When you were learning to knit, you may have been told that you should never, ever tie a knot in your knitting. "But why?" you may have asked yourself. "By what other possible means will I begin a new strand of yarn? How will I ensure that it doesn't unravel and make me look foolish as I show it off to my knitting circle?" The reason behind the rule is that as your work is washed, blocked, and worn, knots make stiff nobbly bits in the otherwise uniform drape of your knitting.
You may also have wondered what to do with the tail ends of yarn hanging off the cast-on and bind-off rows. Here's what to do:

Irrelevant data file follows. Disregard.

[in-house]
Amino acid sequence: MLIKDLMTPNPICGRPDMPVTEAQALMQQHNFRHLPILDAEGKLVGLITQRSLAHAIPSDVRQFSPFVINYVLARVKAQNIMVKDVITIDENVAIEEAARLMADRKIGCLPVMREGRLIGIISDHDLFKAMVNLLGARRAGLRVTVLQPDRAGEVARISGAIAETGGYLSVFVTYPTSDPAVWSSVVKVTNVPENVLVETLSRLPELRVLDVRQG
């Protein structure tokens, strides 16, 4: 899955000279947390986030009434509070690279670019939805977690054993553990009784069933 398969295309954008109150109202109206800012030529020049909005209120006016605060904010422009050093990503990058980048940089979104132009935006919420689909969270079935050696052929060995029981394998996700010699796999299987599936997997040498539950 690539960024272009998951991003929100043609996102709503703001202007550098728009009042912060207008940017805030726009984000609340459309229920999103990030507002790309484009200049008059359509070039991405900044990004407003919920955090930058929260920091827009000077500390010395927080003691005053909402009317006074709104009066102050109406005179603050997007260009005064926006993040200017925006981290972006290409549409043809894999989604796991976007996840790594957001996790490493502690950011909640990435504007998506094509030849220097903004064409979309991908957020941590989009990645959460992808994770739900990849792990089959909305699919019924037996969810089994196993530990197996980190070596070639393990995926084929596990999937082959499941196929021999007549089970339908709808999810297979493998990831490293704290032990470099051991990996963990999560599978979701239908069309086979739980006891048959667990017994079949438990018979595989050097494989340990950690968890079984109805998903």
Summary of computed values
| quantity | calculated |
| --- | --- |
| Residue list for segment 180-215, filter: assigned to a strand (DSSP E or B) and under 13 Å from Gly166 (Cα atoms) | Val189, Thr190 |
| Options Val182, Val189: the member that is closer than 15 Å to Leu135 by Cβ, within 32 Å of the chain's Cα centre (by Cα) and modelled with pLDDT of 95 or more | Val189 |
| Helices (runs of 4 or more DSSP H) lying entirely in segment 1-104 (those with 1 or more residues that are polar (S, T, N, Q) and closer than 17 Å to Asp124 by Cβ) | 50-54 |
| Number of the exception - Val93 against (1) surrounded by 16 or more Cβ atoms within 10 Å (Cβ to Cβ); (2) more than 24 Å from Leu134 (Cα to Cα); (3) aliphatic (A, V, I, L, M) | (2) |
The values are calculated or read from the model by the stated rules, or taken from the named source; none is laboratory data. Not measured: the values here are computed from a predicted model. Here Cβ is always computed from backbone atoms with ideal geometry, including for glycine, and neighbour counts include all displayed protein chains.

(1) When you begin and end your work, and when you add new yarn, make sure that the tails are about 6 inches long. Get yourself a yarn needle (also called a tapestry needle or a blunt needle) and thread the tail through it.
(2) You're going to make that tail invisible by actually following a row of stitches, weaving the yarn into the stitches in the rows above and below. (You're weaving in on the wrong side of the fabric - usually the bumpy purl side.) Have you ever looked closely at the stitch structure? It looks like this: Starting from the right, angle your needle so that it goes up through the bottom-row stitch and then up through the upper-row stitch to its right. Next, go down through the next stitch (the upper-row stitch to its left) and down through the bottom-row stitch to the right (the same one you started on). Go up through the bottom-row stitch to its left . . . and so on.
(3)Way to go, knitter! Now you've gained an understanding of stitch structure and made yourself a really professional-looking project. Give yourself a high-five!